Tennessee Officials to Hire Consultant to Help with Memphis Regional Megasite

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The state of Tennessee is hoping to hire a consultant by January for help in overseeing and promoting the Memphis Regional Megasite that is still without a major manufacturer more than 10 years after planning for the project began.

The state is asking for $2 million to hire the consultant and make various infrastructure improvements, reports Nashville Public Radio.

Toyota and Mazda passed on the site last week for a new auto manufacturing plant because it wasn’t shovel-ready. U.S. Rep. Diane Black (R-TN-6), who is running for governor, issued a statement calling the decision “a tremendous, inexcusable loss for our state.”

The consultant hired by the state Department of Economic and Community Development would provide ongoing technical expertise on an as-needed basis, according to state documents. Responsibilities would include developing a site management plan, assisting with tenant negotiations and coordination of utility, transportation and railroad services, and communicating with stakeholders.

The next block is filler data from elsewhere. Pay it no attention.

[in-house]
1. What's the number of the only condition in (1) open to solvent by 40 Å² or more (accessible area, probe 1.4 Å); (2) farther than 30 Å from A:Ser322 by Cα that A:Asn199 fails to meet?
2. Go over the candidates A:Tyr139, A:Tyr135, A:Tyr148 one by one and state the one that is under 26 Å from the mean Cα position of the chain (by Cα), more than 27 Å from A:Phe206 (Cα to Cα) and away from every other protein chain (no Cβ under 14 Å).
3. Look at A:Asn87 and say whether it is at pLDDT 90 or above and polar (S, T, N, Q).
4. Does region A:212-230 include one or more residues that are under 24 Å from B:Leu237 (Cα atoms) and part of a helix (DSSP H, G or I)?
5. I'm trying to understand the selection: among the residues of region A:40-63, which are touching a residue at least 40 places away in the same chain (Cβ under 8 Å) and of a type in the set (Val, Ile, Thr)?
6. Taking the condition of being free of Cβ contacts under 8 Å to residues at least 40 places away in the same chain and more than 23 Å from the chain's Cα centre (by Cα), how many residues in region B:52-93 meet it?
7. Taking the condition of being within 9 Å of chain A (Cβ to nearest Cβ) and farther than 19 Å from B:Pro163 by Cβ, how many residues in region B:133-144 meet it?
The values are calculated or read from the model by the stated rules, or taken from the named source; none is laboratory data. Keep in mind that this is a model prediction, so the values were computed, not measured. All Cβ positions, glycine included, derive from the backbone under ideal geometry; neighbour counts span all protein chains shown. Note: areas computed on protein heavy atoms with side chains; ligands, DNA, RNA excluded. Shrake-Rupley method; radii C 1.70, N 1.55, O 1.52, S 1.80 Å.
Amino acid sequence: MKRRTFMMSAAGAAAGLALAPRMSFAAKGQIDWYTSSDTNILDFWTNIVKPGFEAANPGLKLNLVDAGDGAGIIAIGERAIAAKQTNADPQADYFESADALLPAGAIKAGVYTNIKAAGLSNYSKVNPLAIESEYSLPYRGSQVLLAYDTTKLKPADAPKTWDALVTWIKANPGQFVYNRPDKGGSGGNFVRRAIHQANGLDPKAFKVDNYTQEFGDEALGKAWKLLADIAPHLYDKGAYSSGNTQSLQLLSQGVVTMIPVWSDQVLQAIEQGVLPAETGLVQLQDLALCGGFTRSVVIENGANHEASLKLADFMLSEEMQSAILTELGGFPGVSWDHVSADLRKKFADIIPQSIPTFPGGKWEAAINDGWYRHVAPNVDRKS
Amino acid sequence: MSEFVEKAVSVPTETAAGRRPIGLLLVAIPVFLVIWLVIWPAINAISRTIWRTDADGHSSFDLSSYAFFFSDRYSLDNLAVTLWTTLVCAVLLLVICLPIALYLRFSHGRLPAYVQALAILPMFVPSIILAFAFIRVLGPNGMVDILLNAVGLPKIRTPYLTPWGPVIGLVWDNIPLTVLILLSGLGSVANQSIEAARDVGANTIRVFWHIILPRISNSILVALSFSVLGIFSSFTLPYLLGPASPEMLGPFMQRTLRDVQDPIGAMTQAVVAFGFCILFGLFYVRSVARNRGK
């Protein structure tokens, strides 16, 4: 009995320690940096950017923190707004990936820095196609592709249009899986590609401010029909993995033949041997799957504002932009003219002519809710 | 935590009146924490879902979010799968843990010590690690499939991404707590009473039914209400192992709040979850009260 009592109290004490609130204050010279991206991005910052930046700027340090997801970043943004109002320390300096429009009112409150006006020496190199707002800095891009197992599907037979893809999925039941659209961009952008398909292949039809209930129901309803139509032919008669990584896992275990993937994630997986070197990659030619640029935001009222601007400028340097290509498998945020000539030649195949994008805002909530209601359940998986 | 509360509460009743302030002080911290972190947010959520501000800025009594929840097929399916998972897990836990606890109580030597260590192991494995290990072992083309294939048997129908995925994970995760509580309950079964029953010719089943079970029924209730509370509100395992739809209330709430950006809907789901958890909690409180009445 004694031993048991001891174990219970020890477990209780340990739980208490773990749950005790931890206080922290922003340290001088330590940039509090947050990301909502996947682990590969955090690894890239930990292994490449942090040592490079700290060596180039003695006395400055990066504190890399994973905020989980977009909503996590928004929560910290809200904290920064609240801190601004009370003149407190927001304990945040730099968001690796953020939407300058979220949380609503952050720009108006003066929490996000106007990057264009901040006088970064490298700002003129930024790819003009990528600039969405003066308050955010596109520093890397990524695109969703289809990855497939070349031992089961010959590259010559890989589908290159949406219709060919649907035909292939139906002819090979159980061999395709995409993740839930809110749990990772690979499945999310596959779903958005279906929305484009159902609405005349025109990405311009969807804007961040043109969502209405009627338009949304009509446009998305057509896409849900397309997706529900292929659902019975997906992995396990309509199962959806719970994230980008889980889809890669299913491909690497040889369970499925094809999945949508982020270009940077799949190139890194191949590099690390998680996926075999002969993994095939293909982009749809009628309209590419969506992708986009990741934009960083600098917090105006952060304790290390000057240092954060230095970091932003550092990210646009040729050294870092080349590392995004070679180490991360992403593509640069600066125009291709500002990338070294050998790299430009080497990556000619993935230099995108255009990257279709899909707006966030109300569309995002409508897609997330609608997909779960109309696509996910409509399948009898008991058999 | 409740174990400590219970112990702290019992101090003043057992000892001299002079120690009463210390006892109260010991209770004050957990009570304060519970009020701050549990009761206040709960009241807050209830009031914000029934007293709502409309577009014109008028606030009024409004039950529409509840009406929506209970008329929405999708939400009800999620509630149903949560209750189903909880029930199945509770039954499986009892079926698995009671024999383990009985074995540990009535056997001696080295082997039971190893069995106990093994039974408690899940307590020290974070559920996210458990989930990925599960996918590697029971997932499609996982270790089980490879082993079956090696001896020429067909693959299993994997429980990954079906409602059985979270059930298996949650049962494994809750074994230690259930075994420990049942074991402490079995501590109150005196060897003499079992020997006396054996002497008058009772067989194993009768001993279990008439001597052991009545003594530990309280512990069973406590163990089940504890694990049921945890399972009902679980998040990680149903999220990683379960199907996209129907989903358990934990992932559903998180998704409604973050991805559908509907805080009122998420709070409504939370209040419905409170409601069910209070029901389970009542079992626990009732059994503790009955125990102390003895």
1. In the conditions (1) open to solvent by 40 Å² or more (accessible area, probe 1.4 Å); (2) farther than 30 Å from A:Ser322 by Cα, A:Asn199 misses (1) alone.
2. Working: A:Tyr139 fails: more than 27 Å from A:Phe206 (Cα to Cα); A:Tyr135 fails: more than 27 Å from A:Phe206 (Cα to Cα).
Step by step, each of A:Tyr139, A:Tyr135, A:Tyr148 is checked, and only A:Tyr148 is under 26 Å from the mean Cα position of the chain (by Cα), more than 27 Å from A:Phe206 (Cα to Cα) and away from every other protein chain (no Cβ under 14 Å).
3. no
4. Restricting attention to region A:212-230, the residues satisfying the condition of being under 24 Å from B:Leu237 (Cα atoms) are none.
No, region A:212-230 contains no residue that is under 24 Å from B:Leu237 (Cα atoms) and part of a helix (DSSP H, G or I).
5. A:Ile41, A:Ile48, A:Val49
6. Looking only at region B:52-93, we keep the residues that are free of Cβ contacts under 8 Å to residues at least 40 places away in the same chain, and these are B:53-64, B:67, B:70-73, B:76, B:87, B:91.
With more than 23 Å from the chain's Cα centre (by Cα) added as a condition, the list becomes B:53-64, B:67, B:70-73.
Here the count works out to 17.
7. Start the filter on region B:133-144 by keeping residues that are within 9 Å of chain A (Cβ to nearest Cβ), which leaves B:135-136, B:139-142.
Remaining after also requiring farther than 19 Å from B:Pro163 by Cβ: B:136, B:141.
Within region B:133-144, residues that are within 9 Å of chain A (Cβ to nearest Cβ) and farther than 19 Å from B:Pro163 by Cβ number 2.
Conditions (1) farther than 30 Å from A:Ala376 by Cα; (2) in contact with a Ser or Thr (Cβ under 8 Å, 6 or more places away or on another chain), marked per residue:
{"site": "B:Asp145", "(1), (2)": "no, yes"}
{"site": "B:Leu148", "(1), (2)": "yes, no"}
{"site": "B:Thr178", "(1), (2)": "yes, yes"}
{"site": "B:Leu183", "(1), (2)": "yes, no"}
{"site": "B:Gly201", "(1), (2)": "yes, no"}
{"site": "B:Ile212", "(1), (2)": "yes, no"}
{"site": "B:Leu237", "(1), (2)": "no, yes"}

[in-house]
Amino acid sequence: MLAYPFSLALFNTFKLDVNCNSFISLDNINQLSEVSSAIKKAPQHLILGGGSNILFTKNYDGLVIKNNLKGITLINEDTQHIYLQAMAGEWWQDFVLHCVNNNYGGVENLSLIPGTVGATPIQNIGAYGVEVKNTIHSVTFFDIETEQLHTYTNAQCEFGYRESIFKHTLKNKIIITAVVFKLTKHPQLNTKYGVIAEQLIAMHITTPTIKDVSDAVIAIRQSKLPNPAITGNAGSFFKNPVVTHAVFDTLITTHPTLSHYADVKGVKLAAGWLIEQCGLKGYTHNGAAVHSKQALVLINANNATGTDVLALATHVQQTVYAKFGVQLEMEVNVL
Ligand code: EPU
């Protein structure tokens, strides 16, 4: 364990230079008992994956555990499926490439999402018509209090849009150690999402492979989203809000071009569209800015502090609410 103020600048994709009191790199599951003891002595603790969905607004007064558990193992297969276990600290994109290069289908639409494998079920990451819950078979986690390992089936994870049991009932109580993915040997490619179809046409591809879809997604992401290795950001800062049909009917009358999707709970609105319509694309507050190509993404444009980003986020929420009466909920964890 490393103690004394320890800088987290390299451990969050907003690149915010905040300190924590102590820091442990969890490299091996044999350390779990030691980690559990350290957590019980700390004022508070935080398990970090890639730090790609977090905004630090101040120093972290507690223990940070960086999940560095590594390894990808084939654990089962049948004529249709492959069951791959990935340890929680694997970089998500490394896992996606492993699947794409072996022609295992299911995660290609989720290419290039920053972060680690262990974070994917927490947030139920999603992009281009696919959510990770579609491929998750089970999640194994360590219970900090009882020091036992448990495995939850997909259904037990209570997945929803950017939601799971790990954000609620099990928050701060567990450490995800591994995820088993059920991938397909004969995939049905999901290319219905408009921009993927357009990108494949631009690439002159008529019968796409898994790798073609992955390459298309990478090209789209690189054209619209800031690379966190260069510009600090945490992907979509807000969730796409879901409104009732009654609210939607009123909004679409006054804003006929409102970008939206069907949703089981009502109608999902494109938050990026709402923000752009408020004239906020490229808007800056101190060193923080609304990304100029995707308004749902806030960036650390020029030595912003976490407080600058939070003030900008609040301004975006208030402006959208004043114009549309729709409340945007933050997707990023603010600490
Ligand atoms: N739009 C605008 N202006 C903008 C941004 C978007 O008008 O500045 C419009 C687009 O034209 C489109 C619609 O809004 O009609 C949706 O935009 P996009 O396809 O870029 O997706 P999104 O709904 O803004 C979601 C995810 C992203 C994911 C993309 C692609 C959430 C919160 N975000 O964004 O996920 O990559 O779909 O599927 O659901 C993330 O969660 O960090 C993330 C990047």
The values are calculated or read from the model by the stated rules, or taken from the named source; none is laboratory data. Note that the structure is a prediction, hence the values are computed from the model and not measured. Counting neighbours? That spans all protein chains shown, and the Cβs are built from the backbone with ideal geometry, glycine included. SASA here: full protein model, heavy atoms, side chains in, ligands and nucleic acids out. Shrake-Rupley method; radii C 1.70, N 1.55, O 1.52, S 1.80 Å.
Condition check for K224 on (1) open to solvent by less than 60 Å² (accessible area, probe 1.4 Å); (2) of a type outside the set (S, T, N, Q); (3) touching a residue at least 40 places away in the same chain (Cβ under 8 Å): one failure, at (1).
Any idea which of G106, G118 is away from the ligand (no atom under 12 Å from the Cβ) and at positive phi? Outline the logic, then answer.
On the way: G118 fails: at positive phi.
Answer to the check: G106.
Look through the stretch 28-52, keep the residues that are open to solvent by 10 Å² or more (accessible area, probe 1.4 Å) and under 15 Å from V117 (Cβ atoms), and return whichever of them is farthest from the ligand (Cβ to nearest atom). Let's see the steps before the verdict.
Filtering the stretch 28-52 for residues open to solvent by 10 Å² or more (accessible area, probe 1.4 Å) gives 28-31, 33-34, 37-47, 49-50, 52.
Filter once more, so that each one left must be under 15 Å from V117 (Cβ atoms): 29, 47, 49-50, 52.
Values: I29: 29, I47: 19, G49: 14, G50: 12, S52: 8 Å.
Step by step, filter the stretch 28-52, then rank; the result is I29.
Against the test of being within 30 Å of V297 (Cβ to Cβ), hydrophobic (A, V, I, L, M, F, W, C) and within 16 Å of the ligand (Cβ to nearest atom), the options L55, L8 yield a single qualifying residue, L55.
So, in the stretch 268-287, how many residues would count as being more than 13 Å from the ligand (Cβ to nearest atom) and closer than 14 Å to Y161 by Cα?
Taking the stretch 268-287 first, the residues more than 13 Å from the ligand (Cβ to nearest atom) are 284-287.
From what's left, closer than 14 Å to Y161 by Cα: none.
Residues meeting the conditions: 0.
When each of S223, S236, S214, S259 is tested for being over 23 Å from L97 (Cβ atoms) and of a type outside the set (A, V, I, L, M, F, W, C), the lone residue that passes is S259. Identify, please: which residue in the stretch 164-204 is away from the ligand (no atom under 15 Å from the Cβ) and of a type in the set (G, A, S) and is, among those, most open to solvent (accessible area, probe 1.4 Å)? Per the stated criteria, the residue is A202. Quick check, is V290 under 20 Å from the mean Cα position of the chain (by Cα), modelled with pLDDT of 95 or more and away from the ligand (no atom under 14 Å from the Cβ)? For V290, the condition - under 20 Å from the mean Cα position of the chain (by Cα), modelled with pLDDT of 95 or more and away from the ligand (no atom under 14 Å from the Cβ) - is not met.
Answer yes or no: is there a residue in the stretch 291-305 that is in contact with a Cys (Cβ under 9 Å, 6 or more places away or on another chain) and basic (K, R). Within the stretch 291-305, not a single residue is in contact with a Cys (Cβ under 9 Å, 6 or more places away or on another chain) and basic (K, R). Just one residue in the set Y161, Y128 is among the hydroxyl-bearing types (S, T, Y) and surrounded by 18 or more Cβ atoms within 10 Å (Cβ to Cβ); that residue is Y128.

Nashville Public Radio reported that the decision to hire a consultant was made before Toyota-Mazda eliminated the West Tennessee site from consideration. Another unnamed company also passed on the site in recent weeks. Other firms have also turned down the site over the years.

The megasite includes 4,100 acres of land off Interstate 40 in Haywood and Fayette counties between Memphis and Jackson. The state has spent $140 million on developing the property. Planning began in 2005 and construction began in 2009.

State officials have yet to finalize a plan for removing wastewater and are currently looking at treating it on site and pumping it 35 miles to the Mississippi River.

The state is hoping to have at least one signed contract for the megasite by the time Gov. Bill Haslam leaves office in 2019.

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One Thought to “Tennessee Officials to Hire Consultant to Help with Memphis Regional Megasite”

  1. 83ragtop50

    Throwing good money after bad. Politics as usual. It will not take long to double the $140 million already spent on this money pit.